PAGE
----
Since poker exploded in popularity around a decade ago, I’ve been a casual player. I play a little online, and once or twice a year a friend will join me at the local casino so we can play in a Texas Hold ’em tournament. I like to play aggressively, mostly so I can either amass a bunch of chips or bust out early and park myself at the buffet. Either way, I’m usually happy with the result. Although the number of players participating online has declined since the industry’s so-called Black Friday in 2011 (when the United States government essentially banned…
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Since poker exploded in popularity around a decade ago, I’ve been a casual player.
I play a little online, and once or twice a year a friend will join me at the local casino so we can play in a Texas Hold ’em tournament. I like to play aggressively, mostly so I can either amass a bunch of chips or bust out early and park myself at the buffet. Either way, I’m usually happy with the result.
Although the number of players participating online has declined since the industry’s so-called Black Friday in 2011 (when the United States government essentially banned its citizens from playing online poker), there remains a core group of players around the world who are crazy about the game.
Most of the casual players have abandoned the game. I used to be able to hold my own whenever I’d go play. Now? As Warren Buffett said, if you’ve been playing poker for half an hour and you still don’t know who the patsy is, you’re the patsy. I’m usually the patsy.
When it comes to the business of gambling, Amaya Gaming Group Inc. (TSX: AYA) certainly isn’t the patsy. The company had a nice business developing the software for slot machines and other gambling devices when it came across an opportunity to buy the two largest online poker sites, Pokerstars and Full Tilt Power. Full Tilt was hit exceptionally hard after Black Friday, so it agreed to be purchased by the much stronger Pokerstars in 2012. The purchase price was $731 million.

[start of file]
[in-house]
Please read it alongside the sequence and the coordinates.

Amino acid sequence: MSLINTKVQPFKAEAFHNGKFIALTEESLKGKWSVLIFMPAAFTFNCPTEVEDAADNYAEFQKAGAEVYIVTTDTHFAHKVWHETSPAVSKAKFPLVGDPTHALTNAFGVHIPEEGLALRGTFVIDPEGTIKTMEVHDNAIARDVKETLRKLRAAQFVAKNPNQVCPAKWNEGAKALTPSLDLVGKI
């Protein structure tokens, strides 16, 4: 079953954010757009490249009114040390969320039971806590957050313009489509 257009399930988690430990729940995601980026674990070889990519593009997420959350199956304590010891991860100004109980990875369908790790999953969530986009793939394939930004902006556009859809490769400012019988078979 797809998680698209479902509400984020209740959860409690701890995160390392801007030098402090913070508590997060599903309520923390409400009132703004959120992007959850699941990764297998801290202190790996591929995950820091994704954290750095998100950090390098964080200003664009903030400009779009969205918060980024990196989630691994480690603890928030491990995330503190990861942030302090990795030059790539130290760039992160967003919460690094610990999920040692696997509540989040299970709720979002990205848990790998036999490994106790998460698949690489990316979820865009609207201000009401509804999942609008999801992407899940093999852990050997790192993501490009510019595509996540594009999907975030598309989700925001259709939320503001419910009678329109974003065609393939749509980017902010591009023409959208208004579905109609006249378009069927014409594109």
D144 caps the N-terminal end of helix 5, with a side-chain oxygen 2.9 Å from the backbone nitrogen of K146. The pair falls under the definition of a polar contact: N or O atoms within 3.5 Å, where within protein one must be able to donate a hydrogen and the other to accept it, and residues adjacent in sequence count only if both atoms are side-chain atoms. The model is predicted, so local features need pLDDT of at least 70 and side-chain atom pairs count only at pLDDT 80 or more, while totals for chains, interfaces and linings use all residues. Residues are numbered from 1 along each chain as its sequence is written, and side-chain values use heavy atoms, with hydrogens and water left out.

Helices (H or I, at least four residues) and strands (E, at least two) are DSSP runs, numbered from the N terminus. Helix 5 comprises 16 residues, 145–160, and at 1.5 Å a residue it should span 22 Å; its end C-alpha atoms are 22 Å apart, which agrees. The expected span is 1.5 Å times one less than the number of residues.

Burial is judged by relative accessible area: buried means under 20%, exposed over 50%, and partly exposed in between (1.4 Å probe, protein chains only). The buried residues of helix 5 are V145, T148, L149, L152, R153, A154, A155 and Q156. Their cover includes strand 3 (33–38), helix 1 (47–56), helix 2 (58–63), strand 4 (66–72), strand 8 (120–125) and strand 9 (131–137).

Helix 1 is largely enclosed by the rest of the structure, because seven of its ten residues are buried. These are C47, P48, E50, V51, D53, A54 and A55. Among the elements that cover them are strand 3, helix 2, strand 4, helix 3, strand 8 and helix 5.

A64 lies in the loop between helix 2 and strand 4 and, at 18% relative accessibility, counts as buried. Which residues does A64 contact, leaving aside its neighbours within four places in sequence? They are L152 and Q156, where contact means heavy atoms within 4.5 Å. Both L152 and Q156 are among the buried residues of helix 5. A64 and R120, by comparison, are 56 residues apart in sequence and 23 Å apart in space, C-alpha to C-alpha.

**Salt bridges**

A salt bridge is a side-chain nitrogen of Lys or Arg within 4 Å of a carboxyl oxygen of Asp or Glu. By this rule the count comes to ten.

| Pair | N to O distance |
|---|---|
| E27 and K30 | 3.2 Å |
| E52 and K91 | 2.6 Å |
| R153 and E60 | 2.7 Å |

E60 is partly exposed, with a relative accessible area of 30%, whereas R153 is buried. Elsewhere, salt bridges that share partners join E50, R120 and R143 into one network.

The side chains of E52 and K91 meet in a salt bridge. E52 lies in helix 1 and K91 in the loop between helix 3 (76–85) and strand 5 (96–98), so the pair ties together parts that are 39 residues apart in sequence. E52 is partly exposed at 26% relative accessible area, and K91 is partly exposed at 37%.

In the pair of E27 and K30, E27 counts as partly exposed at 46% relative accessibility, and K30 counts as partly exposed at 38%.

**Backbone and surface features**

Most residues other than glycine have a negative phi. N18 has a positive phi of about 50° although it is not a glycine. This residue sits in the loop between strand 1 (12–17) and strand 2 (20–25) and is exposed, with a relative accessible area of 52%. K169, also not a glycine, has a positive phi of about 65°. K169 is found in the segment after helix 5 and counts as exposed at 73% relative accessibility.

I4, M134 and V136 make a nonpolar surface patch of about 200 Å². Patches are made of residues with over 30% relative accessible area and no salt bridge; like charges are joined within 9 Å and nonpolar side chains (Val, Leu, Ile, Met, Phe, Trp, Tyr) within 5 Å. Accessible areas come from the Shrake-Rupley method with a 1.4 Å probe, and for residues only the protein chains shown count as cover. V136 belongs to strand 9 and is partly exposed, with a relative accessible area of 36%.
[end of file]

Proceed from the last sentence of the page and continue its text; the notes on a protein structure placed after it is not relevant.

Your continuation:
Oh, the difference a couple of years makes. In June, Amaya announced it had reached a deal to acquire both companies for an all-cash price of $4.9 billion. After closing the acquisition in August, the company announced its updated guidance for the rest of the year. Revenue is expected to more than triple from approximately $200 million to $700 million, while EBITDA would increase from $80 million to $275 million. Those are some huge increases, even though the year is already half over.
Is it any wonder why shares are up more than 100% since the acquisition was announced, and 358% over the last year? Excuse the pun, but this was a game-changing move.
On the surface, shares look incredibly expensive. They trade at a price-to-earnings ratio of more than 115x, and the balance sheet is about to be buried under a mountain of debt. But looking forward the valuation doesn’t look that bad. Analysts expect the company will earn $1.84 per share next year, which puts it at a reasonable forward P/E ratio of just less than 17 times.
It’s not as if the company paid a huge multiple for its new prized acquisition. Pokerstars and Full Tilt Poker brought in revenue of $1.13 billion in 2013, growing nicely from revenue of $976 million in 2012. Net income from the two sites was $422 million and $314 million, respectively. Paying 12 times earnings for a company that grew the bottom line by nearly 30% year over year is a pretty good acquisition, even if the growth rate slows.
Not only is there the possibility of the company acquiring another poker site — rumors are already swirling about 888Poker — but Amaya also has potential to grow its other two businesses. It’s already delivering online games that were just recently made legal by the state of New Jersey, and it designed the online poker platform recently put into use in Nevada.
If these two states are just the beginning of a wave of legalizing online gaming, Amaya is well positioned to seize the opportunity. And even if it isn’t, there’s still plenty of potential to expand into other areas of gambling, like betting on sports.
It’s hard to be bullish on a company that’s done so well so quickly, but the sky really is the limit for Amaya. Cash strapped U.S. governments should eventually come around and allow online gambling in each state. It just made a terrific acquisition, and there’s still plenty of opportunities for growth. This company could be the next gambling powerhouse.
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Fool contributor Nelson Smith has no position in any stocks mentioned.